I don’t regret it, none of this: smile, kiss and soul were his,
he owned them, I only gave them back to him.
And when he sang as he walked away,
leaving me beside the river, and the river changed,
though the river was still –
I think you know the place I mean –
I knew there would be no other days
when we would meet, and that my soul
was lost on a smile and on a kiss, forever,
because I was his.
Now I am alone, but not alone, and I
am left tearless among the fields of rye

Rye, rye – the fields of rye

And autumn came, he did not return.
He was a grey-eyed one, and they do not return.
And autumn came, and the scythes began to make a fall
of the golden walls of the fields of rye.
Still I walked there, where the river bends away,
like a sickle moon, westwards towards SanShoNar –
perhaps you know the place I mean? –
under the willows where the earth was burnt
to make ready for the cruel plough
under the empty, endless skies
where I lay down among the fields of rye.

Rye, rye – the fields of rye
I lie down among the rye

*     *     *     *     *

N  O  T  E  S

RezIsimgria | The LateAncient term (see Language) for the vast plains to the east and north of the Land of O (see Geography | and Maps). “Rez” = plains; “Isimgria” = without limit, or without end. In the modern tongue, the region of RezIsimgria is known as “the Endless Plains”

Re-post | Originally posted December 2013

What does it mean to be “OnDomin“?

The OnDomin were the people who first watched, who were first vigilant. While other people of the era attended only to their own immediate circumstances, which formed a kind of corridor along which they were driven, each to one corridor in a maze of similar corridors, the OnDomin looked up, looked out, looked beyond, looked within, looked from above, and saw.

The maze fell away. The walls melted. Their vision was intense. Their gaze was calm, patient, impersonal.

It can be said that they were the first to see the world at all. They looked beyond themselves, and they went a new way to the crowd: they were no longer simply driven along by the winds of other people’s voices, they were no longer lost in the forest of noise and opinion, but they rose: they looked from above. They looked down on the forest, in the light above the tops of the trees, and flew higher than the currents of the wind, so the distracting voices fell silent.

They were alone. They could hear. They could see. They had achieved purity.

The OnDomin vanished, and their vigilance ended. The life of their vision fell away. The world retreated, back into the noise of crowds, into the racket of war and money, the hiss of desire, the nag of habit, the addiction to the nearest point of escape from true thought. If a person doesn’t stand apart, and look carefully, what will they be? The beautiful world of the OnDomin can’t be seen by those fighting for their moment on the stage, jostling for the brightest place in the mirror.

A new gaze is required, a new people, capable of sacrifice and serious endeavour. To be OnDomin, to see the world again, for the first time, as an explorer might cross an empty desert or a sea, and find themselves, at last, after much struggle, arriving at a land without footsteps.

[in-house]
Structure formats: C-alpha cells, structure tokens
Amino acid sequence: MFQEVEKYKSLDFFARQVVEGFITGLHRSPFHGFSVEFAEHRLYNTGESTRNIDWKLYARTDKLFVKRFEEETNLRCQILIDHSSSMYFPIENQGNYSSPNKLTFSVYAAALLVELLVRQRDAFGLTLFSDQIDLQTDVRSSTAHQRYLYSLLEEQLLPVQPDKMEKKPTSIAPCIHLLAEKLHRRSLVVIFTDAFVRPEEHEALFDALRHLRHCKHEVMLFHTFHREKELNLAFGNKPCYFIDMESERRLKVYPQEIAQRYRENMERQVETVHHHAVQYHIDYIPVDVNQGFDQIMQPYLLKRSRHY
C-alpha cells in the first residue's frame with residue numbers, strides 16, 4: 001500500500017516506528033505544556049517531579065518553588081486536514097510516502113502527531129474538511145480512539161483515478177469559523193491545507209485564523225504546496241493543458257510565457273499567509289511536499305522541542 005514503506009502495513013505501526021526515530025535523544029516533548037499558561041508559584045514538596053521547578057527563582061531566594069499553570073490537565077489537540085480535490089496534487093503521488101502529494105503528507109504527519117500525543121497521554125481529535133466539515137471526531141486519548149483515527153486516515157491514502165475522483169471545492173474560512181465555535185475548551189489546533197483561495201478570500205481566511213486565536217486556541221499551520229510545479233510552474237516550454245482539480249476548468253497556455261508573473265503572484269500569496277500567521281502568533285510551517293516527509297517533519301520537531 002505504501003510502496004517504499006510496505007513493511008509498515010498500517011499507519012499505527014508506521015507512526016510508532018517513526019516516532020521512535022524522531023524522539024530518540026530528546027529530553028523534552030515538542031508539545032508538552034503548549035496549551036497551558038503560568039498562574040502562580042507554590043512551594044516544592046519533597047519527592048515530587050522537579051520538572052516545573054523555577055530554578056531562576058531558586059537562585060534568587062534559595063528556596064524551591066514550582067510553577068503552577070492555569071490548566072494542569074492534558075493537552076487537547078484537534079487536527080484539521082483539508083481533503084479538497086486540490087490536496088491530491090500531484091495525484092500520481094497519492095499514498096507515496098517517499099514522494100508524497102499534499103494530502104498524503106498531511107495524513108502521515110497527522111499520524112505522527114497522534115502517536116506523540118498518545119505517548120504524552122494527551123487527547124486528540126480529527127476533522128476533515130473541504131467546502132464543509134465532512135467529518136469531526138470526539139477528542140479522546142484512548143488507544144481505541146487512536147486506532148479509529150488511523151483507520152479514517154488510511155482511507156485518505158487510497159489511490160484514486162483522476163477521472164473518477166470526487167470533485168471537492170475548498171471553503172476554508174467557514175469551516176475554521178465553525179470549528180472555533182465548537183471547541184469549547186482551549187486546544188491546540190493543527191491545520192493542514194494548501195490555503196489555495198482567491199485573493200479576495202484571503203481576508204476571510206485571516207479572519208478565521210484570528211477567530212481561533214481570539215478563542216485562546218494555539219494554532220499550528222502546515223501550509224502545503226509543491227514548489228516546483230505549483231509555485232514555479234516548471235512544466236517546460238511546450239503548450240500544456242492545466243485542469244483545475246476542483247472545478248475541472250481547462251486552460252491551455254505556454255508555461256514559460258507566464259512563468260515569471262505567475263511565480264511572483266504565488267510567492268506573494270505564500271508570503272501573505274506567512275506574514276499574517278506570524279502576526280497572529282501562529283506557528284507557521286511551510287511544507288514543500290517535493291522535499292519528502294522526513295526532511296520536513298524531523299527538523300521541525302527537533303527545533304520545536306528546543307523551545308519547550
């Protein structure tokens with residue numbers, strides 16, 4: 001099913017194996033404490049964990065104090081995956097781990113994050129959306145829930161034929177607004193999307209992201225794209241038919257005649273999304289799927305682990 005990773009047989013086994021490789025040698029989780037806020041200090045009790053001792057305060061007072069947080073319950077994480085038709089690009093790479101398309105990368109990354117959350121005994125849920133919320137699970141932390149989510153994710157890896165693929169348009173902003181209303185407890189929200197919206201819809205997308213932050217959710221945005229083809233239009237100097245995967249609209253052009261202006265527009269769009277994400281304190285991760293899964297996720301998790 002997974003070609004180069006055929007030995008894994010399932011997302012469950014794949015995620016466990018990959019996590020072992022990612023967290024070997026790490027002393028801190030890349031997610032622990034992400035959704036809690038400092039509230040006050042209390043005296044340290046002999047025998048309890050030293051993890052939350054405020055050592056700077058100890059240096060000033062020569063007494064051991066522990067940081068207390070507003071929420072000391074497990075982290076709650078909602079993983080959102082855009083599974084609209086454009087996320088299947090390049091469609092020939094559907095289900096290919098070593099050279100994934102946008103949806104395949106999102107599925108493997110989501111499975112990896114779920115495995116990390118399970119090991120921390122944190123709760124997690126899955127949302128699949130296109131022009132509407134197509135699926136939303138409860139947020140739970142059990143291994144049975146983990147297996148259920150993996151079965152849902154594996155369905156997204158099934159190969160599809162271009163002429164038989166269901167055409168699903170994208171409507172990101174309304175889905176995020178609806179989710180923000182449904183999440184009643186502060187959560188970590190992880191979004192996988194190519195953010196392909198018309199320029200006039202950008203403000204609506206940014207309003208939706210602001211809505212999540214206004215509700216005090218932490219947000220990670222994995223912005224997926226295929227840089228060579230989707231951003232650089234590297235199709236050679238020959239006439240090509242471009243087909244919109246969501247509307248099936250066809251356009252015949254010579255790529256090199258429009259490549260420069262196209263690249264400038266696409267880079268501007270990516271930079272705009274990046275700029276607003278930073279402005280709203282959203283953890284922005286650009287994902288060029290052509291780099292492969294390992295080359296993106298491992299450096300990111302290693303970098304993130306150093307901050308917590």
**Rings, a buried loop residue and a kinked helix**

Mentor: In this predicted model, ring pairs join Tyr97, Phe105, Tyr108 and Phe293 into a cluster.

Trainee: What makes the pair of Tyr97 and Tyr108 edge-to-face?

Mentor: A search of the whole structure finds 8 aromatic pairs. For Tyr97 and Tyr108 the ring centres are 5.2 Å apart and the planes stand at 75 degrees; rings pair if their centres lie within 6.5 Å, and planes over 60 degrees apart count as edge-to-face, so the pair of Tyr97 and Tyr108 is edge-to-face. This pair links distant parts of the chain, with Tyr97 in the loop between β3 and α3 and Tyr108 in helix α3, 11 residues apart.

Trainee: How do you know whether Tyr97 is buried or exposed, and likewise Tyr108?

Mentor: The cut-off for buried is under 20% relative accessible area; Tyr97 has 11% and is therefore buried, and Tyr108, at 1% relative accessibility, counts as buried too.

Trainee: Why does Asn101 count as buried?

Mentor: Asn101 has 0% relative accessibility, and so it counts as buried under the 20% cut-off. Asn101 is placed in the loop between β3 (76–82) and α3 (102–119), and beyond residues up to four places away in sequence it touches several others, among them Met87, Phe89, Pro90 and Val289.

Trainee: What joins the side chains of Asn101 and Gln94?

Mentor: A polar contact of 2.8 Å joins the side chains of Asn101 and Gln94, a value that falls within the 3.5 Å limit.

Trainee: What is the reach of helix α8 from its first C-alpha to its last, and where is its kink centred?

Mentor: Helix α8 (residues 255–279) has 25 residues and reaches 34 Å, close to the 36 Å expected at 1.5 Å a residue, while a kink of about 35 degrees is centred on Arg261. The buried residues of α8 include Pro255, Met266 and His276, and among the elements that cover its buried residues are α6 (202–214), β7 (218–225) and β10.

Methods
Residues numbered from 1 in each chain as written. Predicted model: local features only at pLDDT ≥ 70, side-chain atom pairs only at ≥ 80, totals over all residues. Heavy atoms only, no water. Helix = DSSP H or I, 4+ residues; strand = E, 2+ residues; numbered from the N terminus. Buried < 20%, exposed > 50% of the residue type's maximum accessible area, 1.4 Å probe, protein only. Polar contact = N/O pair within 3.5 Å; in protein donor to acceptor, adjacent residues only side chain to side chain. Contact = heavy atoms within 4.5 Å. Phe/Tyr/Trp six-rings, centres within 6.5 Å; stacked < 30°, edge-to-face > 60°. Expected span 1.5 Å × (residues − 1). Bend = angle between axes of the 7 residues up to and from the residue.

They will see plants and animals never seen before. Rivers, skies, mountains, plains. They will see the world as the OnDomin see it: that is, for the first time, as it is perfect, just at the very moment it comes into life, and the very moment it dies. They will see the whole, while others only see the parts. By seeing in a new way, they will build in a new way. They will begin, and not end.

Where are they, the OnDomin? Who among us will take these first steps, away from the centre, towards the edge of things, the limit of the old ideas? Turn their backs on decaying regimes, on corrupt dynasties, and relinquish stale power. Enter the more derelict parts of the city, see the poor struggling, penned in by the wealthy, their drugs tossed to them, their narcotics and spirits and toxins to stupefy and blinker, their bodies ground down by labour and by blight, by deprived sleep and by the repeated frustration of small, unrealised dreams. Perhaps it will be someone from among the poor who will rise, leave off the game of worn-out life, and walk away? Or it might be one of the wealthy, the indolent, fretful among their furnishings and perfumes and jewels, perhaps one of these people will sicken of the endless routine of sweetness, and decide upon a fresh venture, seek a new vision, above the silks and the ivory and the drowsy sound of delicious lutes? Or a person from the mercantile faction, perhaps they will lift their heads one day, and look for the first time, and listen, among the chatter of barter and the propositions, the accumulation of possessions and the calculations of loans, the persistent little snarl of profit, and find that they do not want to be here, that these things and this way of getting through have become drained of reality, and are no longer worth the waste of life?